The Philippine data isn’t at all surprising: rigorous, scientific studies show that the death penalty has no impact on the incidence of heinous crimes. Two studies in the United States that claimed to prove that the abolition of the death penalty increased murder rates in certain US states, were later proven to be “fundamentally flawed” by that country’s National Research Council.

In fact, murder rates from 1900 to 2010 in American states in which there is no death penalty were even lower than in states with capital punishment. A 2009 survey of criminologists showed that over 88 percent believed that the death penalty was not a deterrent to murder.

The issue is really so commonsensical. As Amnesty International has pointed out: “The threat of execution at some future date is unlikely to enter the minds of those acting under the influence of drugs and/or alcohol, those who are in the grip of fear or rage, those who are panicking while committing another crime (such as a robbery), or those who suffer from mental illness or mental retardation and do not fully understand the gravity of their crime.”

In essence, the death penalty has been a remnant from our civilization’s violent past, unenlightened by humanity’s higher values, mainly the recognition of the mystery and wonder of a human life, that took more than a thousand years to develop. We have only learned in the past 50 years that a human does not totally have free will, with his baser instincts capable at times of completely taking over his reason or values, even as we have to pretend we are captains of our souls.

From being a penalty imposed by all nations in the past, 140 nations have abolished it in law and in practice, and only 54 retain it in practice. Only the US (31 out of its 52 states) among the Western nations retain it, and not even “violent” Russia in practice.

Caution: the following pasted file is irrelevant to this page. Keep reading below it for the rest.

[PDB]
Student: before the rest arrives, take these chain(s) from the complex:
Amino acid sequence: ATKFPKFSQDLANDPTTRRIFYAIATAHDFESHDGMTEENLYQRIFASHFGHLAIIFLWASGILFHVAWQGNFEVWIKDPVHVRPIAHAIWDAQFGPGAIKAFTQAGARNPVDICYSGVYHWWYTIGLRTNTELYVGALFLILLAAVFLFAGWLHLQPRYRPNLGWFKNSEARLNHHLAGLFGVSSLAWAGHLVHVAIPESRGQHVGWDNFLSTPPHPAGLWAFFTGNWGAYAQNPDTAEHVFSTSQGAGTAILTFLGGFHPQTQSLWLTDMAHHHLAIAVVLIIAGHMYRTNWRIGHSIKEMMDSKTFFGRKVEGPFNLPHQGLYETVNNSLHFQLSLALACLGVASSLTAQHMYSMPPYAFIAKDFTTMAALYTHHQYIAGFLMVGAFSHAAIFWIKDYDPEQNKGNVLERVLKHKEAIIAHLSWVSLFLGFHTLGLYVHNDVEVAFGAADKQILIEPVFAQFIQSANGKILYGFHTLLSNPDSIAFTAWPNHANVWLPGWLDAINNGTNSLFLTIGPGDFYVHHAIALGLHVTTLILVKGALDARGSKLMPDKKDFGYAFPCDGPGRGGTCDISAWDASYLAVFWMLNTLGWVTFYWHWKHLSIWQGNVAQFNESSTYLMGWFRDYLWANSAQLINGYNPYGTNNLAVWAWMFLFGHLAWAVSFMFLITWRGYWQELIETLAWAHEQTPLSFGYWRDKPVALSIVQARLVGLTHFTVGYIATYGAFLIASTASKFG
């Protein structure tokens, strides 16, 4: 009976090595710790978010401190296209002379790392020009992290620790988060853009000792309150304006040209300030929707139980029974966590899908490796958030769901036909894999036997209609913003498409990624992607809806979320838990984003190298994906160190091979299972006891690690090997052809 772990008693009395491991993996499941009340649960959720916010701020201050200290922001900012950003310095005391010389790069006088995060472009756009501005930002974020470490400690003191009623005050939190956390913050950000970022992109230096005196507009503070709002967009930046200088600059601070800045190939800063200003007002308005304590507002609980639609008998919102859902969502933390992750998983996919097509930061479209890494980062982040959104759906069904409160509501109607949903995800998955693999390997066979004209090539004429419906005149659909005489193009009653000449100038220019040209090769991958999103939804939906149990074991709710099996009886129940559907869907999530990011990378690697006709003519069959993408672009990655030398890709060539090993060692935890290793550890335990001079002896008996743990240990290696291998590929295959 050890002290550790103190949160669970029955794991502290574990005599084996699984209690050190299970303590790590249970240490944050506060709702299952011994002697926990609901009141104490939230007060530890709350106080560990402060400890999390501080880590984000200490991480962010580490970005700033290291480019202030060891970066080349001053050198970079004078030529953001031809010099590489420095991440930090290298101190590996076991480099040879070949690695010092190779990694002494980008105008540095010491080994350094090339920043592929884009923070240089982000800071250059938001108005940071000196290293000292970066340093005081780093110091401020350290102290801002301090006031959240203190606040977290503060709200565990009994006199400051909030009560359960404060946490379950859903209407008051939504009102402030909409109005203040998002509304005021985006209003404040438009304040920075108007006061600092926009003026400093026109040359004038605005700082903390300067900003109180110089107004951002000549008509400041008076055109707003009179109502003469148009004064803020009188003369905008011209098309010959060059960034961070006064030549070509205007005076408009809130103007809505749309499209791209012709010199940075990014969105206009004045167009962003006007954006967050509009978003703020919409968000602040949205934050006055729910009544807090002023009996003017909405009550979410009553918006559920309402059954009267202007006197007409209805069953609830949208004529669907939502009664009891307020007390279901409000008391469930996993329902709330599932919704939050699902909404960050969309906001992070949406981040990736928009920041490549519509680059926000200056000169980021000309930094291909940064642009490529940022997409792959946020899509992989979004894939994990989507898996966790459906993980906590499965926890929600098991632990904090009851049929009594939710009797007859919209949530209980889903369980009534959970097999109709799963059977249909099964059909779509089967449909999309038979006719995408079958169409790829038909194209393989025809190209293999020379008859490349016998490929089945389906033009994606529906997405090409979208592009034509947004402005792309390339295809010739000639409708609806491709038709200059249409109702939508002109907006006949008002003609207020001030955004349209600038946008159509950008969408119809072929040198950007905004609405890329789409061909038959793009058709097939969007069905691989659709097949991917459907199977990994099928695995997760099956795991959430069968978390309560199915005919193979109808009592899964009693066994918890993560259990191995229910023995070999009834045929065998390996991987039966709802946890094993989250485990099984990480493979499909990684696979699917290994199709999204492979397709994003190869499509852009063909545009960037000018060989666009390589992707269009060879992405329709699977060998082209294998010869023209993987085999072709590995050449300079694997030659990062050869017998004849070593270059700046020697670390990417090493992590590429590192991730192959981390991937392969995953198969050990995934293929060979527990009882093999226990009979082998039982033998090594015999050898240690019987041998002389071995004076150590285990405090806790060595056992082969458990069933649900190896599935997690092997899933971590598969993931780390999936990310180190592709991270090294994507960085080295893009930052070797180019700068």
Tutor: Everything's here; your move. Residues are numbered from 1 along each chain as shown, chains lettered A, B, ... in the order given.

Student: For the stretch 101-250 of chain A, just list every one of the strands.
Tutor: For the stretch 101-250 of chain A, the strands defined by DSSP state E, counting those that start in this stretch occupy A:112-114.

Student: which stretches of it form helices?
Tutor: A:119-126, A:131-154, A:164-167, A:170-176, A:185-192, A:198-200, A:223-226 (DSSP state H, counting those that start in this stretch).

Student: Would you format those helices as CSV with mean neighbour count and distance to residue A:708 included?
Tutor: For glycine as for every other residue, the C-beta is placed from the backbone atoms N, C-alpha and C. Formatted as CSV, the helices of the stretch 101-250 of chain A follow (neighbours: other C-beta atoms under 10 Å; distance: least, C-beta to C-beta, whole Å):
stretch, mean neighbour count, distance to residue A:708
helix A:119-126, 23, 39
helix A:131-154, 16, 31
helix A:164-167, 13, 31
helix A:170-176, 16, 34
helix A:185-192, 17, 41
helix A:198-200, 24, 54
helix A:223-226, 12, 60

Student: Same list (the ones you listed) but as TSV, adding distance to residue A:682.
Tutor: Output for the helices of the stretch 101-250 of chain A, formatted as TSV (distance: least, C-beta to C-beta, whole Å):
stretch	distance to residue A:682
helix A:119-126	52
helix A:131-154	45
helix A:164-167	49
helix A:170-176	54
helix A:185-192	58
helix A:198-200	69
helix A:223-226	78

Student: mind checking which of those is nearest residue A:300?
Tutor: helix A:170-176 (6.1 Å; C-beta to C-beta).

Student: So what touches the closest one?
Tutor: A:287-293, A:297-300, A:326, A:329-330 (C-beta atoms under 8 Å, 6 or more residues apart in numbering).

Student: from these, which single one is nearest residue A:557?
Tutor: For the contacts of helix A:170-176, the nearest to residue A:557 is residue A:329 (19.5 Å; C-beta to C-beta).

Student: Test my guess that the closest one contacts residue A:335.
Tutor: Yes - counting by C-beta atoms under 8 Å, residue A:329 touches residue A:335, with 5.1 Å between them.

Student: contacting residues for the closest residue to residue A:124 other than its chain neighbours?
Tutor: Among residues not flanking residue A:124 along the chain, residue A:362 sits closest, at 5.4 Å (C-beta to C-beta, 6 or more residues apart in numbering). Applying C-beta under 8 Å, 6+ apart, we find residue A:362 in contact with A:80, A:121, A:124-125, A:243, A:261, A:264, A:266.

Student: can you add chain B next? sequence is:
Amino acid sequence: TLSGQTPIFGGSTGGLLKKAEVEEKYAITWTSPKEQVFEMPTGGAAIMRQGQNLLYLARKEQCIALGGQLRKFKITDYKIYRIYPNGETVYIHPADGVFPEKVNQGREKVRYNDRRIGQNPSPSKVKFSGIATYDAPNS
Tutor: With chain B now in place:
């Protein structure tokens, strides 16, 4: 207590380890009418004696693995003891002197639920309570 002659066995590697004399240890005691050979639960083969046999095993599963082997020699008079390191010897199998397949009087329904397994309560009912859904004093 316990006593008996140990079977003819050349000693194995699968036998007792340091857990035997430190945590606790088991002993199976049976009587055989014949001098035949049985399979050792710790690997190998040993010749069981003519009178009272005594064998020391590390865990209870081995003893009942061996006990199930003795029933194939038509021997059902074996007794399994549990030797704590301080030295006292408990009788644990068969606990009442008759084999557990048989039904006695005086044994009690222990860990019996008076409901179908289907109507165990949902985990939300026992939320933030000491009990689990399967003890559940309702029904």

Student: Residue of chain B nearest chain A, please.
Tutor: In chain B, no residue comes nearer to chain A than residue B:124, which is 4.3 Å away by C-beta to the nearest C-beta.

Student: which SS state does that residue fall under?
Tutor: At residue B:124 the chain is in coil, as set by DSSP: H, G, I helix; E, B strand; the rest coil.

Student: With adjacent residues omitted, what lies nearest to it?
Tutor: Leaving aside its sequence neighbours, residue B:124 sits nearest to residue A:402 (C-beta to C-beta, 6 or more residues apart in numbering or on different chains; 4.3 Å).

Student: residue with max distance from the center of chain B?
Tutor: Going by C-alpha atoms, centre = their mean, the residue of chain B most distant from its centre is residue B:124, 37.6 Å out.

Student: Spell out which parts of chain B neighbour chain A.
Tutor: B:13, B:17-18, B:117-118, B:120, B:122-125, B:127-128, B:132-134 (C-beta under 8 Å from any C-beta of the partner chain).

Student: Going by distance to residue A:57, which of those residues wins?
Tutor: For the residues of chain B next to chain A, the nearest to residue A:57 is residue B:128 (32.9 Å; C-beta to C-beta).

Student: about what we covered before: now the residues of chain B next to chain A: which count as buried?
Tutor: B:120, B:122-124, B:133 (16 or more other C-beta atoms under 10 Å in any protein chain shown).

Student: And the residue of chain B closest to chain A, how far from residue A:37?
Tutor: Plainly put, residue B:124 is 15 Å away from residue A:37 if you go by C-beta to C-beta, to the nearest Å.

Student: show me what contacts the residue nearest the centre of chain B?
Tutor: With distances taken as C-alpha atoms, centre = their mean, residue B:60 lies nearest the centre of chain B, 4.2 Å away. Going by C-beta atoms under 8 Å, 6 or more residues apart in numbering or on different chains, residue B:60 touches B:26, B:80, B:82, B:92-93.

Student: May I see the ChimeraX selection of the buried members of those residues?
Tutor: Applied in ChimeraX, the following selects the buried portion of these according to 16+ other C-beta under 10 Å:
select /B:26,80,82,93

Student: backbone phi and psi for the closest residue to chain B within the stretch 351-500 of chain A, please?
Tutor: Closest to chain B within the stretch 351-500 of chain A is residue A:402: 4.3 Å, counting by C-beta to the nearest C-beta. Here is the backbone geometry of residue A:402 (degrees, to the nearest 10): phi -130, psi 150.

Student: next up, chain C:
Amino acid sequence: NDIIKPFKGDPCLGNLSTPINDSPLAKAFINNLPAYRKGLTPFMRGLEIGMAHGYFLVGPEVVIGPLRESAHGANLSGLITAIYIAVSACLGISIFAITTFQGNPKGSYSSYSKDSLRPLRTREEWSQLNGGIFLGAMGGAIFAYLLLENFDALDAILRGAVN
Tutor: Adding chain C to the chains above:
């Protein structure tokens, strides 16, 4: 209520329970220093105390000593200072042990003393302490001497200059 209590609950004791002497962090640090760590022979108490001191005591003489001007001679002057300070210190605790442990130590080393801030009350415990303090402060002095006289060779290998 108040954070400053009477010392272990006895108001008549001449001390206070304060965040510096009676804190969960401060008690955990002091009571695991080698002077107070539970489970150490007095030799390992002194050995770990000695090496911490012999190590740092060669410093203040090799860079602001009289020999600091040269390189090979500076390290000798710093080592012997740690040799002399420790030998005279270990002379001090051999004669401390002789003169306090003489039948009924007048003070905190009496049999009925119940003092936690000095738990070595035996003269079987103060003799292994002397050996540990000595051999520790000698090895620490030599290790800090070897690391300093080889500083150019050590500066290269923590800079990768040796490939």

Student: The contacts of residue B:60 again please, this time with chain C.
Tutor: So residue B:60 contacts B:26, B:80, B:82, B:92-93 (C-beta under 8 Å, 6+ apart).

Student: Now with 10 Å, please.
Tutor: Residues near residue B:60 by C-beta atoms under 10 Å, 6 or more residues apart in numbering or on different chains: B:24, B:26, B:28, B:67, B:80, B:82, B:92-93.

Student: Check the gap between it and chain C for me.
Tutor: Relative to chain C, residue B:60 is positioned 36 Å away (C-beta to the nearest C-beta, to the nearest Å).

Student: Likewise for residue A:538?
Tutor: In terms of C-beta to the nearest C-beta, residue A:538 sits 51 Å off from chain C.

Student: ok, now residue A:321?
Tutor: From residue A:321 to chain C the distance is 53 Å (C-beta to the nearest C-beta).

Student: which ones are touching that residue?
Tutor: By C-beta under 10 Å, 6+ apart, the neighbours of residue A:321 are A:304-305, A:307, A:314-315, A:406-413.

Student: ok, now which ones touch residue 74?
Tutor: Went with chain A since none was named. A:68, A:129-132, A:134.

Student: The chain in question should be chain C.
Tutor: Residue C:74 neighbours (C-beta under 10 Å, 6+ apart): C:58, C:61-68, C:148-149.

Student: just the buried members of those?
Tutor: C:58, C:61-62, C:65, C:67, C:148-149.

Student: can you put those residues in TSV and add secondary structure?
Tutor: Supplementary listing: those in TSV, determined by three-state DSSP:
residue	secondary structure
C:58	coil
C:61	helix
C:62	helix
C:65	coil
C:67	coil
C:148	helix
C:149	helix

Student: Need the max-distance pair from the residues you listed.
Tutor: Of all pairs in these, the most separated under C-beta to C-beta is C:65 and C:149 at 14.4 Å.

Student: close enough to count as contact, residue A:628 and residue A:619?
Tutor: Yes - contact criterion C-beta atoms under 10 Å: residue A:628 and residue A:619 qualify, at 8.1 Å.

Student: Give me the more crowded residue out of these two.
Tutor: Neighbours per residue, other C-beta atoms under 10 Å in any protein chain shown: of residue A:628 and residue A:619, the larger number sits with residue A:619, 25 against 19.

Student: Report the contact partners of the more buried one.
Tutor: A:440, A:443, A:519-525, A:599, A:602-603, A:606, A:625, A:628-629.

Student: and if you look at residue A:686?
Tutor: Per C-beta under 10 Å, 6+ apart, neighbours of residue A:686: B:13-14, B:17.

It’s not a coincidence that many of the American states that do have the death penalty are those where Christians who take the Bible literally dominate.

Excluding in the discussion China and other nations whose cultures are still dominated by the primacy of the group — as in an ant colony — rather than the individual, the most important reason why there is still capital punishment in this day of enlightenment and age of reason will surprise you.


It is religion, particularly Christianity and its offshoot, Islam. Christianity and Islam have molded most of humanity’s values for at least a thousand years, and these two have always brainwashed people to believe that God himself sees vengeance as a value to be upheld, that an eye must be paid for an eye taken, a life for a life extinguished.

As late as 1952, Pope Pius XII even made the ridiculous argument that the “State does not dispose of the individual’s right to life.” Rather, he argued, “in expiation of his crime, [the criminal]has already disposed of his right to life.” Until 1969, the Vatican City’s statutes had capital punishment — for the crime of attempting to assassinate the Pope.

Pope Francis has stated that he is against the death penalty, but that it is his personal opinion and he is appealing for a consensus to end the death penalty on the ground that it is “cruel and unnecessary.” The Vatican had officially supported the 2015 United Nations campaign against the death penalty.

But believe it or not, Catholic dogma still doesn’t see anything wrong with capital punishment as a right of the state to defend itself. No wonder the support of many, if not most, Filipinos for the return of capital punishment in this unlucky, dominantly Catholic nation.

We will be the first country to re-impose the death penalty, and the second time around after the ex-general Fidel Ramos rammed a law through Congress in 1993 authorizing it. Gloria Arroyo abolished it in 2006. Duterte wants it back, after given false information.

What a country that keeps changing its mind on such a fundamental issue.

(On Friday, it was not the 2006 abolition of the death penalty that encouraged more crimes, rather it was the incompetence of the BS Aquino III regime and I will show that with facts, figures, and logic.)
Published in Commentaries